Unless the trial court was correct in placing the burden of proof on appellant, the record does not support the conclusion that appellant personally inflicted great bodily injury on a person other than an accomplice.
B. The court erred placing the burden of proof on appellant.
Normally, to establish a prior conviction allegation, the prosecutor must prove beyond a reasonable doubt all the elements of the allegation, i.e., the defendant was convicted and the conviction was of an offense within the definition of the particular statute invoked, and any other element required by the statute alleged. (People v. Tenner (1993) 6 Cal.4th 559, 566, 24 Cal.Rptr.2d 840, 862 P.2d 840; People v. Haney, supra, 26 Cal.App.4th at p. 475, 31 Cal.Rptr.2d 547.)
In placing the burden on appellant to prove the injured party was an accomplice, the trial court cited CALJIC No. 3.19. That instruction, however, deals only with situations in which a defendant claims that a witness against him is an accomplice. (See People v. Tewksbury (1976) 15 Cal.3d 953, 967-969, 127 Cal.Rptr. 135, 544 P.2d 1335.) We do not see the instruction or the rule of Tewksbury as any support for placing the burden of proof on a defendant for purposes of section 1192.7.
Respondent argues that the trial court properly placed the burden on appellant, but does not rely on CALJIC No. 3.19. Instead, respondent cites a line of cases holding that a defendant in a criminal case has the burden of proving an affirmative defense.
The due process clause protects the accused against conviction except upon proof beyond a reasonable doubt of every fact necessary to constitute the crime with which he is charged. (In re Winship (1970) 397 U.S. 358, 364, 90 S.Ct. 1068, 25 L.Ed.2d 368.) However, a state may allocate the burden of persuasion to a criminal defendant through the device of an affirmative defense. (People v. Fuentes (1990) 224 Cal.App.3d 1041, 1044, 274 Cal.Rptr. 17.)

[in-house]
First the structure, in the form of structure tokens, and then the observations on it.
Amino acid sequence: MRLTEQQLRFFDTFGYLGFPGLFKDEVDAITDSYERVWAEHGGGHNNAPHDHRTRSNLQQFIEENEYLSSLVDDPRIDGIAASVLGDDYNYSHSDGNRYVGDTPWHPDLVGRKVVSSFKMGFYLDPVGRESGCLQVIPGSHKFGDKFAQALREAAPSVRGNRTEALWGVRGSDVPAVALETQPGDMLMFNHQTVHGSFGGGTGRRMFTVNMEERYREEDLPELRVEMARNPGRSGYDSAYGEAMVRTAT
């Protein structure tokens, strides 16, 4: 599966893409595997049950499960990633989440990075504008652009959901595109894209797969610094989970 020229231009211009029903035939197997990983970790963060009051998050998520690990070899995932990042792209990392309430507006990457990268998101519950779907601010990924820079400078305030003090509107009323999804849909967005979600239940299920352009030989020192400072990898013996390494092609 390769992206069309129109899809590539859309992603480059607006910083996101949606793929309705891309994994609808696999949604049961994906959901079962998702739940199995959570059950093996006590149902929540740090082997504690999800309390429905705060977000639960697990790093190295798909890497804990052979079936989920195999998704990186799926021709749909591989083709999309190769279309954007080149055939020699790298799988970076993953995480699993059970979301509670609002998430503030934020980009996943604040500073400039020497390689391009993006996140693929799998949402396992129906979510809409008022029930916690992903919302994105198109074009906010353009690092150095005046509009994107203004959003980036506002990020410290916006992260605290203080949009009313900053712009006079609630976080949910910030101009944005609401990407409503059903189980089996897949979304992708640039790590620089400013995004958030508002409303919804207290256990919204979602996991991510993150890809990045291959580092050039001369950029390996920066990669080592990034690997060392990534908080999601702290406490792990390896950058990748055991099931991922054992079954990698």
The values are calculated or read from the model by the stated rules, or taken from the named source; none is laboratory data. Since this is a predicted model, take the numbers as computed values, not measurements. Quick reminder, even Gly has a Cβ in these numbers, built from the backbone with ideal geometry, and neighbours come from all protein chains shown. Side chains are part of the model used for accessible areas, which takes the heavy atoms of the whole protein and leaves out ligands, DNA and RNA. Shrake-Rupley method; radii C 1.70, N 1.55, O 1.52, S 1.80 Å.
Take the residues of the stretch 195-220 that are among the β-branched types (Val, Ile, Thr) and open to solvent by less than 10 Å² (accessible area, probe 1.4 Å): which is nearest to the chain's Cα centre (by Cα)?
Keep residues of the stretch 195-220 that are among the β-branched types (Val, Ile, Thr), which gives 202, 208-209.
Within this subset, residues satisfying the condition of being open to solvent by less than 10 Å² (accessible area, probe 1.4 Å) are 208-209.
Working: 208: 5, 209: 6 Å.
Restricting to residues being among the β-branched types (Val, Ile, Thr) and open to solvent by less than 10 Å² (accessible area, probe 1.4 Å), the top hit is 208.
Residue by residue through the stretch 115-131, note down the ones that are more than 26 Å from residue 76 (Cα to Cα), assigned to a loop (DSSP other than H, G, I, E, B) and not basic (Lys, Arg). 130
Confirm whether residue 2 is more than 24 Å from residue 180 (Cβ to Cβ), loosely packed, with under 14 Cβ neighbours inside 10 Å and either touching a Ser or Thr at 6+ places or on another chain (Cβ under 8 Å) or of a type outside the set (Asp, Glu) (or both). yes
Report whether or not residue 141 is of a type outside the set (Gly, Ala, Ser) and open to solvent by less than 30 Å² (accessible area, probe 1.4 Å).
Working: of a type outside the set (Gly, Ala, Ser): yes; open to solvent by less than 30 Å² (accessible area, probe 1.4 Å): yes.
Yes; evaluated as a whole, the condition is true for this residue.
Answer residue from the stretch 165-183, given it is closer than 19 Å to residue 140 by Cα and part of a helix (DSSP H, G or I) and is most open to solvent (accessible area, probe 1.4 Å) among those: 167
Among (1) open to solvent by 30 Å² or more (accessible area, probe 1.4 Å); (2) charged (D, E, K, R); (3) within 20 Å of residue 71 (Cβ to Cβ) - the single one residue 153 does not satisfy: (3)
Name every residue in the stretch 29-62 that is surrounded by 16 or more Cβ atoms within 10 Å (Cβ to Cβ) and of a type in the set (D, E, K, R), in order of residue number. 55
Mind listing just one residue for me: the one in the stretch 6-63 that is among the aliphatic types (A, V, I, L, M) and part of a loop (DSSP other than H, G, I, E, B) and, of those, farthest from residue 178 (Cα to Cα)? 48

Case law is not crystal clear on how one determines whether an exception or a proviso in a criminal statute is an element to be proved by the prosecution or an affirmative defense to be proved by the defendant. Some cases hold that “ ‘where a statute first defines an offense in unconditional terms and then specifies an exception to its operation, the exception is an affirmative defense to be raised and proved by the defendant. [Citations.]’ ” (People v. Fuentes, supra, 224 Cal.App.3d at p. 1045, 274 Cal.Rptr. 17, quoting In re Andre R. (1984) 158 Cal.App.3d 336, 341, 204 Cal.Rptr. 723.) People v. Gott (1994) 26 Cal.App.4th 881, 31 Cal.Rptr.2d 840, however, eschews what it describes as the “grammatical rule” of those cases. Instead, the Gott court holds that the correct approach is more subtle and turns on the nature of the exception rather than its location in the statute. (Id. at pp. 885-888, 31 Cal.Rptr.2d 840.)
Other cases finding a criminal statute's exception is an affirmative defense rely on the “rule of convenience.” As explained by this court: